When someone asks me to tell how is Morocco I often get lost. It’s so hard to define that gorgeous place, with its chaos and its colorful bazaars. The culture is even harder to define, not to mention the diversity of the people, who still follow their ancient Arab, Berber or African traditions. Morocco is a wonderful melting pot!
But where I have troubles painting a picture of this place in words, my niece summed it all up for me, after listening my experiences in Morocco. For her, Morocco is tagine, hammam and henna.
Honestly, these three things do capture the essence of Morocco, but I would add to the list mint tea and the wonderful bazaars.
Tagine is the iconic Moroccan meal you can serve anywhere, at any time. The Berber dish takes its name from the dish they used to cook: a conical clay pot with a conically shaped lid. The shape of the lid allows the steam to rise and condense, cooking the meal inside the pot. A tagine can be made from anything, from lamb and beef to vegetables and fish. The local cooks add a lot of spices, as well as olives and lemons, which enhance the taste of tagine.
A visit to Morocco without a visit to a hammam doesn’t count! The hammam is the Turkish equivalent of the Roman baths. In fact, the hammam and the Roman baths were probably the only types of warm baths before humanity invented the actual bathroom. Anyway, it’s an ancient habit which is highly popular nowadays and for good reasons.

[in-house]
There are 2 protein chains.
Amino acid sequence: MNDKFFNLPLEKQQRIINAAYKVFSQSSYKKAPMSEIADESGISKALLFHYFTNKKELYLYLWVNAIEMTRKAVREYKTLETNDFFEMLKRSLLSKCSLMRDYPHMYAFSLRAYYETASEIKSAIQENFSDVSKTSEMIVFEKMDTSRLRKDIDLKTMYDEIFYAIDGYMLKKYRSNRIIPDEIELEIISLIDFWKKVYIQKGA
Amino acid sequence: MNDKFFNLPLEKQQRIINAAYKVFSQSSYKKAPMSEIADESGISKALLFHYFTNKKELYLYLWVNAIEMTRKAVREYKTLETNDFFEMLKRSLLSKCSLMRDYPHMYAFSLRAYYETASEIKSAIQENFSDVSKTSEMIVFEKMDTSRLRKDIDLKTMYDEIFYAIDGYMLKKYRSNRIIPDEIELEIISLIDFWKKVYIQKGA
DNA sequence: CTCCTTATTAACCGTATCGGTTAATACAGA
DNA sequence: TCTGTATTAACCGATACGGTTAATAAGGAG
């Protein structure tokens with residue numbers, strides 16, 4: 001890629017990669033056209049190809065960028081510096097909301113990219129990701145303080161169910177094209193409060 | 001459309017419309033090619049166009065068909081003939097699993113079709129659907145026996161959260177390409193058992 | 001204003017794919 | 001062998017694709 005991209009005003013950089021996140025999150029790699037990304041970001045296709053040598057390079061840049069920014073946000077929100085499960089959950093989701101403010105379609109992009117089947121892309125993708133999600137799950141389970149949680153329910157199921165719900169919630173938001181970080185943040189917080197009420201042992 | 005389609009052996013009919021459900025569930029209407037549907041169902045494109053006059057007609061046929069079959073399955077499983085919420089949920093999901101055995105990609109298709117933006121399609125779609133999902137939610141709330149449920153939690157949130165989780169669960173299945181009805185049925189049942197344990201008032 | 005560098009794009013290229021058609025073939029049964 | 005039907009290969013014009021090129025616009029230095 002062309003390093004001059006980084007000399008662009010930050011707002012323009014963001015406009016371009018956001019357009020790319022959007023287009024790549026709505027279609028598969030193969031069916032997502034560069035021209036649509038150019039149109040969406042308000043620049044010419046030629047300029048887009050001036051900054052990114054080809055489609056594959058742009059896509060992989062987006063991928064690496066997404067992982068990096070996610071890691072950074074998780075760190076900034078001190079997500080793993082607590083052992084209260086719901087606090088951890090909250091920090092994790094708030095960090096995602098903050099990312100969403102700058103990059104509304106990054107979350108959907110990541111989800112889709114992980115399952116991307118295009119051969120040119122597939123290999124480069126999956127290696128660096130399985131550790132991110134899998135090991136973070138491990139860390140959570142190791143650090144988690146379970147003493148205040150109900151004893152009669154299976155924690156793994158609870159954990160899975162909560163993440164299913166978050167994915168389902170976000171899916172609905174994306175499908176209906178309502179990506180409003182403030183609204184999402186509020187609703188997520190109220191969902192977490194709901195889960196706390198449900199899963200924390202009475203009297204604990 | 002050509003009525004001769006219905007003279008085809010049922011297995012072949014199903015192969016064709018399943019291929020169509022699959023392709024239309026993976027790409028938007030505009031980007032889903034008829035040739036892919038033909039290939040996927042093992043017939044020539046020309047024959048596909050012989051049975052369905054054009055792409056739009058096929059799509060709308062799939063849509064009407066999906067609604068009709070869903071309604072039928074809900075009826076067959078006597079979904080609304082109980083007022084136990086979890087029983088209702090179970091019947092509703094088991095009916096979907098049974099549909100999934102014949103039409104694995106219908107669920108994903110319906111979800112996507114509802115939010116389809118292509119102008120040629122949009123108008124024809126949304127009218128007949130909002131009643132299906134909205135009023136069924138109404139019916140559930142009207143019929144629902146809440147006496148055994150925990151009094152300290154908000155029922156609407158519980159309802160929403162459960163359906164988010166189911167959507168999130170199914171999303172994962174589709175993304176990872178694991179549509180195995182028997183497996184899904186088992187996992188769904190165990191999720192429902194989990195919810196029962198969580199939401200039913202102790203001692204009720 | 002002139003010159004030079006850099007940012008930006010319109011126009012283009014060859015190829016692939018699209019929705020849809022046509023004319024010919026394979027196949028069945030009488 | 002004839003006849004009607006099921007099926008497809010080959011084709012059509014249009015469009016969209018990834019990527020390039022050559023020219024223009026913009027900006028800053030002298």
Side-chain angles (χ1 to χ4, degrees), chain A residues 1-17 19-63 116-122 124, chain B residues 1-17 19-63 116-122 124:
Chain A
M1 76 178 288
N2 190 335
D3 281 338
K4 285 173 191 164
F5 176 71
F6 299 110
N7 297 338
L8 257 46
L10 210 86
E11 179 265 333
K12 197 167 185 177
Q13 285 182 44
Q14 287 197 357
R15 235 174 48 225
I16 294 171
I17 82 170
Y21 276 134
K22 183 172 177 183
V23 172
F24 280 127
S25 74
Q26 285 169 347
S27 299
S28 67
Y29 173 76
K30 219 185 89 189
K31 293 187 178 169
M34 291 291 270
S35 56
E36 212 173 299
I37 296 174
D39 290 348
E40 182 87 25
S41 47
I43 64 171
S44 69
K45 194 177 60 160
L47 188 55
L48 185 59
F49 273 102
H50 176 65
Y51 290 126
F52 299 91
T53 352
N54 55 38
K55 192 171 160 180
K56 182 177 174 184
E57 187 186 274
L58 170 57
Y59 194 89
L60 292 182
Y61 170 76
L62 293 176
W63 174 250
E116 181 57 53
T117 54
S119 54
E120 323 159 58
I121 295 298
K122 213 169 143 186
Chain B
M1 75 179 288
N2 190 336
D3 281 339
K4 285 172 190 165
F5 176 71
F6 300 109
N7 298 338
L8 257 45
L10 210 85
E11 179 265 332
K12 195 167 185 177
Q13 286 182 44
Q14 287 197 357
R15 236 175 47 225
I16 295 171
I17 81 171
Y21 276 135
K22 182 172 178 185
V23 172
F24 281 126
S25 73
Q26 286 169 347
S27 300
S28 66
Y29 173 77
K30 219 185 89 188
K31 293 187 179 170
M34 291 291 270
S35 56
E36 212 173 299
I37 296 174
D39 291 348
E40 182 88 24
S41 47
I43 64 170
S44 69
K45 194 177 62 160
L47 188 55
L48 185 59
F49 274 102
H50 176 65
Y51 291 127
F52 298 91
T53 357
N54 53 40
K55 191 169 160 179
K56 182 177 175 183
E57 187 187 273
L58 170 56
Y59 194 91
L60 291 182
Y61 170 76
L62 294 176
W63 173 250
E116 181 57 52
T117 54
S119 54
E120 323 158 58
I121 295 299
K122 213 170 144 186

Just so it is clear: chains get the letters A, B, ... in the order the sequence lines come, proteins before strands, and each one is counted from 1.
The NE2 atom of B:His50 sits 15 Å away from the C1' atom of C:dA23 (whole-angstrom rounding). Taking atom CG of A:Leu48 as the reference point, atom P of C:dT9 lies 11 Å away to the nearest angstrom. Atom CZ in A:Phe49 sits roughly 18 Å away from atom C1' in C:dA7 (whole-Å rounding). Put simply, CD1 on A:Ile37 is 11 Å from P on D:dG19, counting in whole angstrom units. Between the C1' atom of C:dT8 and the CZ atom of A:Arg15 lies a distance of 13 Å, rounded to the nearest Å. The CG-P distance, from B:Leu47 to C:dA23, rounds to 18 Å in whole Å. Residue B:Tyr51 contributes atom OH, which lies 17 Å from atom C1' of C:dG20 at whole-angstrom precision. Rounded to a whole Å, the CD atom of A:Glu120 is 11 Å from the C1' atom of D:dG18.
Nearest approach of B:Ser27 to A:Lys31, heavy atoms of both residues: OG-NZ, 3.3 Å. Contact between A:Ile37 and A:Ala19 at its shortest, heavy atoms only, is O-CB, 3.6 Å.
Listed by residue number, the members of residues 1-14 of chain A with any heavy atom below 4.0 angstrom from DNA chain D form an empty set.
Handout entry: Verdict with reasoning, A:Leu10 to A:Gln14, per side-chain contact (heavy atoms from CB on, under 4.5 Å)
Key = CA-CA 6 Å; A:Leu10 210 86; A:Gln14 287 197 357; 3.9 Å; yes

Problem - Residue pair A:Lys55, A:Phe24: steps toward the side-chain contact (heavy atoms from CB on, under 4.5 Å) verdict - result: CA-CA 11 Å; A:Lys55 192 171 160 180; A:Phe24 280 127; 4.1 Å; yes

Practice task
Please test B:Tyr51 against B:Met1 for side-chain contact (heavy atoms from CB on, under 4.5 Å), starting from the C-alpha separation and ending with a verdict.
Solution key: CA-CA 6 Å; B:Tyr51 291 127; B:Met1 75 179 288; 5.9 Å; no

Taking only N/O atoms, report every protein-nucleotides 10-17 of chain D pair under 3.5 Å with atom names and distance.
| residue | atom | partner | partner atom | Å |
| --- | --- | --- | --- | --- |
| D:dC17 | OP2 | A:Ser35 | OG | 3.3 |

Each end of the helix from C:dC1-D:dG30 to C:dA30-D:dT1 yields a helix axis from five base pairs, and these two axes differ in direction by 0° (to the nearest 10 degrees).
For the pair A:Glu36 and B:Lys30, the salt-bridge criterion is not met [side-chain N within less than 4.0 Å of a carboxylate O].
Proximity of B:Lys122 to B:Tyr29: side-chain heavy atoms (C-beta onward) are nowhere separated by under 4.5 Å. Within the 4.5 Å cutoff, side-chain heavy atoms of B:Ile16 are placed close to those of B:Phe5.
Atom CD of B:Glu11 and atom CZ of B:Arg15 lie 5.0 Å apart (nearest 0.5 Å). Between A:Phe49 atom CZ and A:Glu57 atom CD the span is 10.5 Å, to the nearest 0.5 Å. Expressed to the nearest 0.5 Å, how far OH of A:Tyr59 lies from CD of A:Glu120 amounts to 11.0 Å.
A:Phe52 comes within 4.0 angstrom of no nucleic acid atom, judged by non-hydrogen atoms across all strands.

A bath at the hammam leaves you clean and glowing. It provides a mix of steaming, bathing and vigorous exfoliation, as well as skin treatments. At a public hammam you need to bring your own towels, soaps and other cleaning products, but it’s worth the hassle.
Henna is a natural dye obtained from the henna plant. In Morocco and India, as well as other parts of the world, henna is used for body painting. Henna is semi-permanent and it can be applied on the skin with a syringe. Talented artists can paint intricate designs, inspired from nature or traditional designs. Henna body paint is believed to protect the wearer from illnesses and bring them joy.
Everywhere you go in Morocco you will receive a cup of mint tea. Tea is a sign of hospitality and it is usually served to travelers and visitors of a household. Mint tea is also a prominent figure in all meetings, including formal business meetings. At the local bazaars, the vendors will offer you tea when you enter their store, as a sign of hospitality.
The tea itself is rather special: made from Chinese green tea, fresh mint leaves, sugar and water, it is rich in antioxidants. The way tea is served resembles a ceremony.
Bazaars (or souks)
Moroccan bazaars, called souks, are rich in spices, clothes, rugs, handicrafts and many more items. You can literally get lost in a bazaar, as they resemble a labyrinth. The chaos and the colors will give you a special type of high, similar to the one you get from drinking too much champagne. But it’s wonderful!